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David W. Roberts, Pablo A. Valdés, Brent T. Harris, Kathryn M. Fontaine, Alexander Hartov, Xiaoyao Fan, Songbai Ji, S. Scott Lollis, Brian W. Pogue, Frederic Leblond, Tor D. Tosteson, Brian C. Wilson and Keith D. Paulsen

, : Increased brain tumor resection using fluorescence image guidance in a preclinical model . Lasers Surg Med 35 : 181 – 190 , 2004 4 Collaud S , Juzeniene A , Moan J , Lange N : On the selectivity of 5-aminolevulinic acid-induced protoporphyrin IX formation . Curr Med Chem Anticancer Agents 4 : 301 – 316 , 2004 5 Eljamel MS , Goodman C , Moseley H : ALA and Photofrin fluorescence-guided resection and repetitive PDT in glioblastoma multiforme: a single centre Phase III randomised controlled trial . Lasers Med Sci 23 : 361 – 367 , 2008 6

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Kimon Bekelis, Pablo A. Valdés, Kadir Erkmen, Frederic Leblond, Anthony Kim, Brian C. Wilson, Brent T. Harris, Keith D. Paulsen and David W. Roberts

fluorescence–guided resection images. Fluorescence-guided resection of a skull base meningioma showed varying levels of qualitative and quantitative fluorescence. A histologically confirmed tumor region with large amounts of accumulated PpIX showing high levels of visible fluorescence under blue light excitation (A) with the corresponding white light image (B) , and the quantitative fluorescence spectrum (C) showing the distinctive PpIX spectrum. A region of normal dura showed no visible fluorescence under blue light excitation (D) with the corresponding white light

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Pablo A. Valdés, Frederic Leblond, Anthony Kim, Brent T. Harris, Brian C. Wilson, Xiaoyao Fan, Tor D. Tosteson, Alex Hartov, Songbai Ji, Kadir Erkmen, Nathan E. Simmons, Keith D. Paulsen and David W. Roberts

thinking that these tumors are not amenable to fluorescence-guided resection with this particular biomarker. 17 , 23 Currently, intraoperative tumor tissue detection relies on visual white light inspection, preoperative image guidance, intraoperative imaging 5 including qualitative observation of fluorescence, 4 , 14 , 18 and/or time-consuming, ex vivo diagnosis by a pathologist. 20 Here, we show the advantage of a light-transport modeling-based measurement approach compared with 4 direct but uncorrected spectroscopic metrics for intraoperative fluorescence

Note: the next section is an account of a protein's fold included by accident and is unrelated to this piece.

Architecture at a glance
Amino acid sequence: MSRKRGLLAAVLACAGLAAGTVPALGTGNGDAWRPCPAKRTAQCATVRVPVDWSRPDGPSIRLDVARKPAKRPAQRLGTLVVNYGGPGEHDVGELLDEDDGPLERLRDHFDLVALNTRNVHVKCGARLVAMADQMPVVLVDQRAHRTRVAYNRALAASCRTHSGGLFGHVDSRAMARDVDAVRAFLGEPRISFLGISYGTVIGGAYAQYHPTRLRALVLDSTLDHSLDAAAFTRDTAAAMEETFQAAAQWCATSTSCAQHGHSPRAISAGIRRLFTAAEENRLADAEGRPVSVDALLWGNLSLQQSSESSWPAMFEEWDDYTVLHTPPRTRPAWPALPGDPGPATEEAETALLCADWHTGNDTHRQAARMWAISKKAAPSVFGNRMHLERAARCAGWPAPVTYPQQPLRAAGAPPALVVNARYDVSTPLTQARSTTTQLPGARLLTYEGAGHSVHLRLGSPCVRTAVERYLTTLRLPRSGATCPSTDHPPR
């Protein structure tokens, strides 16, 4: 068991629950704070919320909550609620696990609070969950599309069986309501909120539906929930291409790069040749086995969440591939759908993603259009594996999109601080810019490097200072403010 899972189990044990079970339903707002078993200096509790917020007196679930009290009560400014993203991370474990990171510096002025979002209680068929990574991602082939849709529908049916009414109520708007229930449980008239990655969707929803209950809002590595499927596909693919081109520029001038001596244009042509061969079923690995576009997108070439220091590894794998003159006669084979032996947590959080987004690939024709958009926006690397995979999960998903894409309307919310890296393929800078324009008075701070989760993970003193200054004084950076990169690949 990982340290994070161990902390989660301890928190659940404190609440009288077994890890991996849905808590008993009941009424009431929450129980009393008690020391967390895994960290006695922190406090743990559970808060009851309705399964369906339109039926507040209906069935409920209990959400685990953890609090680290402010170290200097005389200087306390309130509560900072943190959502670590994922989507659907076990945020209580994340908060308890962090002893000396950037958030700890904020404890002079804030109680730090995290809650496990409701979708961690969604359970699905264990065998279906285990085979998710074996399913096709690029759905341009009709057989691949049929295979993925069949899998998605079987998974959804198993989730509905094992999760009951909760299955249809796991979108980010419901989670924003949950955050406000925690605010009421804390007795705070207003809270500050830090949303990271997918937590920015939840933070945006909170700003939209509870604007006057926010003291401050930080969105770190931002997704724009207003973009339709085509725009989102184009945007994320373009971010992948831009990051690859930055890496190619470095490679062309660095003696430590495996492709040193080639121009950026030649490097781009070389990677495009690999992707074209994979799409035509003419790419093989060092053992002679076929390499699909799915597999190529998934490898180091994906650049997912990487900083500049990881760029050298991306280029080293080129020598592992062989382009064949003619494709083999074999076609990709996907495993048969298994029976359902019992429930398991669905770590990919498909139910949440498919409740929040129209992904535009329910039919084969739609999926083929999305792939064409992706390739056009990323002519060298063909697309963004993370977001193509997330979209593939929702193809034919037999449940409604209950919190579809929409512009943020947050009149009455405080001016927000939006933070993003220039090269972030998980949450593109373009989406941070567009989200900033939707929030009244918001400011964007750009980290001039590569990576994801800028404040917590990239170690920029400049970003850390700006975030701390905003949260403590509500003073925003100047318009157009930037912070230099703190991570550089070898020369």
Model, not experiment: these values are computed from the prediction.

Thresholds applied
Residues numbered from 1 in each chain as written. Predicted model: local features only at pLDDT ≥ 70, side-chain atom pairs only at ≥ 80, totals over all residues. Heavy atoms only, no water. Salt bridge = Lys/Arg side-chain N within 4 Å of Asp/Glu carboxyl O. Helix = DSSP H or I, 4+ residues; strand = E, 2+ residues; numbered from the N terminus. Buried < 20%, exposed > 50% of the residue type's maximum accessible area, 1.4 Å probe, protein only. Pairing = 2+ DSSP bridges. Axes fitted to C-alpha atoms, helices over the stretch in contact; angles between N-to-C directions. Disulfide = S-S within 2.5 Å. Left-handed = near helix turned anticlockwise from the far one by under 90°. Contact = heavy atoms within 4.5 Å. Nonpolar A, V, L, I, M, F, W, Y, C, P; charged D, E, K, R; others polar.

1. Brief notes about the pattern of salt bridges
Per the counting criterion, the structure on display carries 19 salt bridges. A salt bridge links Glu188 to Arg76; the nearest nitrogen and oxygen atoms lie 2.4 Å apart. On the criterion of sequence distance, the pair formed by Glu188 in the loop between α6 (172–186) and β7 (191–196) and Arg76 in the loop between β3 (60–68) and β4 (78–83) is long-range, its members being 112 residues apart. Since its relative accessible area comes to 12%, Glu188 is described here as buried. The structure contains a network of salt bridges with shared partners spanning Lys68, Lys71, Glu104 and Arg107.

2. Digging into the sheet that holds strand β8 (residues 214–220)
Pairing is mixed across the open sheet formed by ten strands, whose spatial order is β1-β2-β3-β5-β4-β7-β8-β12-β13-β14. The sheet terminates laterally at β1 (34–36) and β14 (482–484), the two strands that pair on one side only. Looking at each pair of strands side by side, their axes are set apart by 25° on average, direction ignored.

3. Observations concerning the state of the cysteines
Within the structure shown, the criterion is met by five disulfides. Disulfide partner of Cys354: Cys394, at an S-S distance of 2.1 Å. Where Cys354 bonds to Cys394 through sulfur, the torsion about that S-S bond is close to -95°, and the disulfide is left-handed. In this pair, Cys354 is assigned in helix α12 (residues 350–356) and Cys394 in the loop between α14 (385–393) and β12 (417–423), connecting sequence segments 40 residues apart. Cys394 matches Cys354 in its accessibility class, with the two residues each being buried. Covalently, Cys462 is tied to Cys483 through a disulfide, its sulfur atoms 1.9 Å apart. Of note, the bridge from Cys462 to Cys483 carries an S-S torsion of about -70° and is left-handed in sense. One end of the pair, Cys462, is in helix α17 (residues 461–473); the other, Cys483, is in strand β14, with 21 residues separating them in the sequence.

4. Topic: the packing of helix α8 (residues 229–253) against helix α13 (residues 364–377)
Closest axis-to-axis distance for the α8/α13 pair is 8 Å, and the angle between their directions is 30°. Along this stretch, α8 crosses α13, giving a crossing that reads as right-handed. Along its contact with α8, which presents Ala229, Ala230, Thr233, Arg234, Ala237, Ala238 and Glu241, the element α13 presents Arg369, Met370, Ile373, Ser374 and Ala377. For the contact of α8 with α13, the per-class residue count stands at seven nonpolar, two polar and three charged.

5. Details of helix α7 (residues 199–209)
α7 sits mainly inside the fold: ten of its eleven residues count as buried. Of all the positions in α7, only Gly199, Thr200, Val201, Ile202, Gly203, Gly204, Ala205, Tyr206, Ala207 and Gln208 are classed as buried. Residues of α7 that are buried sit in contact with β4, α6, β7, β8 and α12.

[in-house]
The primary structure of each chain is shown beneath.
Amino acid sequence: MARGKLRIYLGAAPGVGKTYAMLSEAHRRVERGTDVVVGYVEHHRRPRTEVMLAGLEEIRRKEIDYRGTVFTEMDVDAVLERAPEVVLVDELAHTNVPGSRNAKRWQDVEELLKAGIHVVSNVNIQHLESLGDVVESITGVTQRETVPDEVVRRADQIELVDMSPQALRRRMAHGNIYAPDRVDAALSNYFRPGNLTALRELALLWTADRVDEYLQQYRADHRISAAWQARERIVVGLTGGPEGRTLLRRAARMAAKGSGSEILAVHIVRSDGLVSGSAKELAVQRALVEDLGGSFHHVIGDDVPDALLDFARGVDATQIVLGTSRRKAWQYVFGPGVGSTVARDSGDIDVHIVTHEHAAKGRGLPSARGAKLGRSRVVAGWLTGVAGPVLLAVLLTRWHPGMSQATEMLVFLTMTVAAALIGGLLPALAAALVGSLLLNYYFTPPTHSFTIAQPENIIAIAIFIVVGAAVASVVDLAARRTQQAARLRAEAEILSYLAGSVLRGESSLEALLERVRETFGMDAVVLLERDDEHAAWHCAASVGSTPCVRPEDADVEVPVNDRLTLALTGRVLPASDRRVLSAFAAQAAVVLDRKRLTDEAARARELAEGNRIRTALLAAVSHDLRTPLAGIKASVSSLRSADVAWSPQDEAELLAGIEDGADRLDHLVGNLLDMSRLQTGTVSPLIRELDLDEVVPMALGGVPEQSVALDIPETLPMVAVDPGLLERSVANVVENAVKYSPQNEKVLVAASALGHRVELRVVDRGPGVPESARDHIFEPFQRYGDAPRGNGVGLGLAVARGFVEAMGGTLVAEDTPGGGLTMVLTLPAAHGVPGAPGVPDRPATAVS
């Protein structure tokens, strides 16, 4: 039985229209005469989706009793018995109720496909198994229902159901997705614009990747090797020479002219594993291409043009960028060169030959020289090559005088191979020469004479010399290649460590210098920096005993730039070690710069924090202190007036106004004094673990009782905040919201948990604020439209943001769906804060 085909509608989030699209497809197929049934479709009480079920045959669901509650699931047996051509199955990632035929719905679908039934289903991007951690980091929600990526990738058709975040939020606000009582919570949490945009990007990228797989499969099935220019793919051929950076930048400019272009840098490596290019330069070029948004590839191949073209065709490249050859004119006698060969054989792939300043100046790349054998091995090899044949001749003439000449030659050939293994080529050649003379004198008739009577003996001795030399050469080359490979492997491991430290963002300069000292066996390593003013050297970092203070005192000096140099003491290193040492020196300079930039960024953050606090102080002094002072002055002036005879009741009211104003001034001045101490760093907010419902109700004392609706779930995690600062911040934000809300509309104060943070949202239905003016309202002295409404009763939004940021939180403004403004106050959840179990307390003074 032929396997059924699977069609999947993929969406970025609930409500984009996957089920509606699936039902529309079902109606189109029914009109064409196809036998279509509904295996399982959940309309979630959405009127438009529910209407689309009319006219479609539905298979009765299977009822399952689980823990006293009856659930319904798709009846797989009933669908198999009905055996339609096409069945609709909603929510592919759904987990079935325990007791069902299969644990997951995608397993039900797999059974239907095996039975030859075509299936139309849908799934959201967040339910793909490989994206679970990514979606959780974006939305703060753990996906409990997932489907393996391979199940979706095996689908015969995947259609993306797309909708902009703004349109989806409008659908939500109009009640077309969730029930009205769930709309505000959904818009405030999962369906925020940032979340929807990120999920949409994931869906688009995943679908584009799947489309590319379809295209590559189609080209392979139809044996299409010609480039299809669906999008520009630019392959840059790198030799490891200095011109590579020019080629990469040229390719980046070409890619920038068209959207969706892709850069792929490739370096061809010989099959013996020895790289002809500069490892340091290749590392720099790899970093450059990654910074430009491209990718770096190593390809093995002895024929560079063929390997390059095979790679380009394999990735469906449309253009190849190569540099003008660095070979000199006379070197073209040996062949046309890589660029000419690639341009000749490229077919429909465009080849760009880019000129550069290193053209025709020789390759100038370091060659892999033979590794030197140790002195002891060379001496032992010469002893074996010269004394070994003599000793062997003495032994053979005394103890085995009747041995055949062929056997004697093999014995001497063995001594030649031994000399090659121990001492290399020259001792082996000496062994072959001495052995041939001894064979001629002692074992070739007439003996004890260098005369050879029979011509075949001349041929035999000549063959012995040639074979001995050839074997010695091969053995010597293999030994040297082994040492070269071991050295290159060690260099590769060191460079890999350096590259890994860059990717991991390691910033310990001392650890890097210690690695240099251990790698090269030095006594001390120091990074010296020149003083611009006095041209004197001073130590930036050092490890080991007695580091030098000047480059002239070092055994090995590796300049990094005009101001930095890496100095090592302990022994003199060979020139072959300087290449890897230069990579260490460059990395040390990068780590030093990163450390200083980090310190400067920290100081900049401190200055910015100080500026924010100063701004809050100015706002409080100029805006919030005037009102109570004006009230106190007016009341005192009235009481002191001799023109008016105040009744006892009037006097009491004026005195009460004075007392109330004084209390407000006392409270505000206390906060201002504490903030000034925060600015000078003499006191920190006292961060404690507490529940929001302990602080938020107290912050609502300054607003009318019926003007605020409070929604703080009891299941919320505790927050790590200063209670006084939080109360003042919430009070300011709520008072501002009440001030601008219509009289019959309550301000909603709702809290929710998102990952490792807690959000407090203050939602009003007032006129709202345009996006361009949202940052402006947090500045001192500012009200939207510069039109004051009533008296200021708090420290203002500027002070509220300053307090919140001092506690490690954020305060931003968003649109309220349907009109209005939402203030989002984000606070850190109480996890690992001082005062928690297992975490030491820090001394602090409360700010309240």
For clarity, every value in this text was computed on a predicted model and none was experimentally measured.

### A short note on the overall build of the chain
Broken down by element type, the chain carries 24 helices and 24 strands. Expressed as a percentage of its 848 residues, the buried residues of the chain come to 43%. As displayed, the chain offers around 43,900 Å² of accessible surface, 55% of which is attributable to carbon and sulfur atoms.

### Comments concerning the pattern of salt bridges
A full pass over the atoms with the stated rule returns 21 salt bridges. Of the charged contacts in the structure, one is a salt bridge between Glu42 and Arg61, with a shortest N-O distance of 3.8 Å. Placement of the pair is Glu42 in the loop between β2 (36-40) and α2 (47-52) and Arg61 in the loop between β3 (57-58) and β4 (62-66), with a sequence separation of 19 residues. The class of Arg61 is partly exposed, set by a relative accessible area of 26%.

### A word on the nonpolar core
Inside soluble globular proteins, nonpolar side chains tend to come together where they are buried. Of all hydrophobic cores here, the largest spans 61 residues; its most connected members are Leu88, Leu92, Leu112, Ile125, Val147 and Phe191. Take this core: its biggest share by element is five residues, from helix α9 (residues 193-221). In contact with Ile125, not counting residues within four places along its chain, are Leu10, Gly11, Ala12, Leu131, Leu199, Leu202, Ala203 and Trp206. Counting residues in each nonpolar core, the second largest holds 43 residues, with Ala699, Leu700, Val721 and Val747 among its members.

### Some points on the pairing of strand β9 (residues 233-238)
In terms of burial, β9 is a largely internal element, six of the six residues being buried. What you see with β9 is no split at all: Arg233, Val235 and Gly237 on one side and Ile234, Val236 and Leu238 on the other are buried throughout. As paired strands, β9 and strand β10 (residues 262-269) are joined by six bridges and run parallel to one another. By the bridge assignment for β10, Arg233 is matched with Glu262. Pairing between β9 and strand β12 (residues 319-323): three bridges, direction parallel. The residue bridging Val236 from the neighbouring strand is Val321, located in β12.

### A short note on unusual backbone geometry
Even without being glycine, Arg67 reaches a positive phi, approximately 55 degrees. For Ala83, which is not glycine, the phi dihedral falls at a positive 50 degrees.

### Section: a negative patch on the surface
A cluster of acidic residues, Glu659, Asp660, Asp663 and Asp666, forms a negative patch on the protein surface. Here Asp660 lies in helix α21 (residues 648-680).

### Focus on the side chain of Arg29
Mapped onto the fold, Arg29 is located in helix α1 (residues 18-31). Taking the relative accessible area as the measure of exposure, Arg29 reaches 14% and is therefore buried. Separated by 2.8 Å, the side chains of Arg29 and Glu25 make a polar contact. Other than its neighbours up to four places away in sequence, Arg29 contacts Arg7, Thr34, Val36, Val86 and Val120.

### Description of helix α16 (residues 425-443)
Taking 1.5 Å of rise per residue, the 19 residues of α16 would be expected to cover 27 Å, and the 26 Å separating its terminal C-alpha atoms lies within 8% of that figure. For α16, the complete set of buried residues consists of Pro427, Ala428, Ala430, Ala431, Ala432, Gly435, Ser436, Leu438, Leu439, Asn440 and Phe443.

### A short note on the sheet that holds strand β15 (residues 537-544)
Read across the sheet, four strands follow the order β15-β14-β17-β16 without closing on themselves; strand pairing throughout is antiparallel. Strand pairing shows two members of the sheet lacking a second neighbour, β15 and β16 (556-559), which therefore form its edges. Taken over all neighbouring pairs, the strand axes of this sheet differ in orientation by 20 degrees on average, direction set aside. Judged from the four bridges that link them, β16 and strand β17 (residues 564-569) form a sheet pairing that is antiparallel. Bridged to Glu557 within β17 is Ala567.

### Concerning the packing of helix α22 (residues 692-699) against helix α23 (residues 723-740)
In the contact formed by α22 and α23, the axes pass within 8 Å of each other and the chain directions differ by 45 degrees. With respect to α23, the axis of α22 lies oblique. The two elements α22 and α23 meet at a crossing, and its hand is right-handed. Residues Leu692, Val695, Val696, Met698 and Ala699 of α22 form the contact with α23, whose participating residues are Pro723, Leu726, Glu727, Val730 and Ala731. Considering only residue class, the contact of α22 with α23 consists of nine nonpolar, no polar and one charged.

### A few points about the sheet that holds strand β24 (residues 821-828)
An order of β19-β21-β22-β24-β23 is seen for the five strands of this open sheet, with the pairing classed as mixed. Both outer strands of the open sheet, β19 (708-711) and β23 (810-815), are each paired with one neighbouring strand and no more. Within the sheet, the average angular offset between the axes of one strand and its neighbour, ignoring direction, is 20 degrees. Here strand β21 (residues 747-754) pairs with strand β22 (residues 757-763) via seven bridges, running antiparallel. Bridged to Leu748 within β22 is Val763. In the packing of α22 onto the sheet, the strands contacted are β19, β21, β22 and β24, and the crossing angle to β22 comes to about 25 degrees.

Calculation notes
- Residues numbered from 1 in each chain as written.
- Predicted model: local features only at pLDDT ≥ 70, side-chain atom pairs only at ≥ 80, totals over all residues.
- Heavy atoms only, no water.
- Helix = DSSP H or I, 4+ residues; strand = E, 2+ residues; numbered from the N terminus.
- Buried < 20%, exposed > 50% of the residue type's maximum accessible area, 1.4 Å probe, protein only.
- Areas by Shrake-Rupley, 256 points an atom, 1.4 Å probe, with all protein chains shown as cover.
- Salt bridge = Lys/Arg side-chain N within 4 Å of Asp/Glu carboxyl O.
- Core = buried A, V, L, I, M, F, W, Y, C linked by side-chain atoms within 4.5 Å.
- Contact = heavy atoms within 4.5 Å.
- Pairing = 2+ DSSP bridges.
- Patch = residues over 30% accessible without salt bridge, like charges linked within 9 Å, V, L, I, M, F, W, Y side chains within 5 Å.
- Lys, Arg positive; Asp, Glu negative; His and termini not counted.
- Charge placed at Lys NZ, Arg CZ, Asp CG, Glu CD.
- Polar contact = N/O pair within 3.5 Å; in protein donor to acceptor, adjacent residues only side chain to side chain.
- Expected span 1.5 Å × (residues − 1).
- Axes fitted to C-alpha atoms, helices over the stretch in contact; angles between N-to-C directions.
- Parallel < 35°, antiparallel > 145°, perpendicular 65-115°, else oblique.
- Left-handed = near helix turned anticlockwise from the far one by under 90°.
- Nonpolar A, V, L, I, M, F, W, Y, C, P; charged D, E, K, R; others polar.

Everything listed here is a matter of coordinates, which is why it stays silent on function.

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John R. Ruge and Jonathan Liu

W e present a case of 5-ALA fluorescence-guided resection in a child with a primary brain tumor; this agent has been used previously in adult patients to facilitate GTR of malignant gliomas. To our knowledge, the present study is the first case to describe the utilization and safety of 5-aminolevulinic acid in a child; it is also the first use of 5-ALA for a benign pleomorphic xanthoaxtrocytoma. Case Report History and Presentation This 9-year-old girl with no significant medical history presented with a 1-year history of complex partial seizures

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Yoji Tamura, Toshihiko Kuroiwa, Yoshinaga Kajimoto, Yoshihito Miki, Shin-Ichi Miyatake and Masao Tsuji

microscope. Stummer and colleagues 14 reported the usefulness of fluorescence-guided resection with 5-ALA–induced porphyrins for glioblastomas. However, there has not been a report on efforts to detect a brain tumor under an endoscopic fluorescence image using 5-ALA. In the oropharyngolarynx, bladder, uterus, gastrointestinal system, and other areas within the body that do not have a barrier such as the BBB, 5-ALA can easily move from the blood vessels to the neoplasm. Therefore, protoporphyrin IX emits relatively stable fluorescence, and it is possible to detect the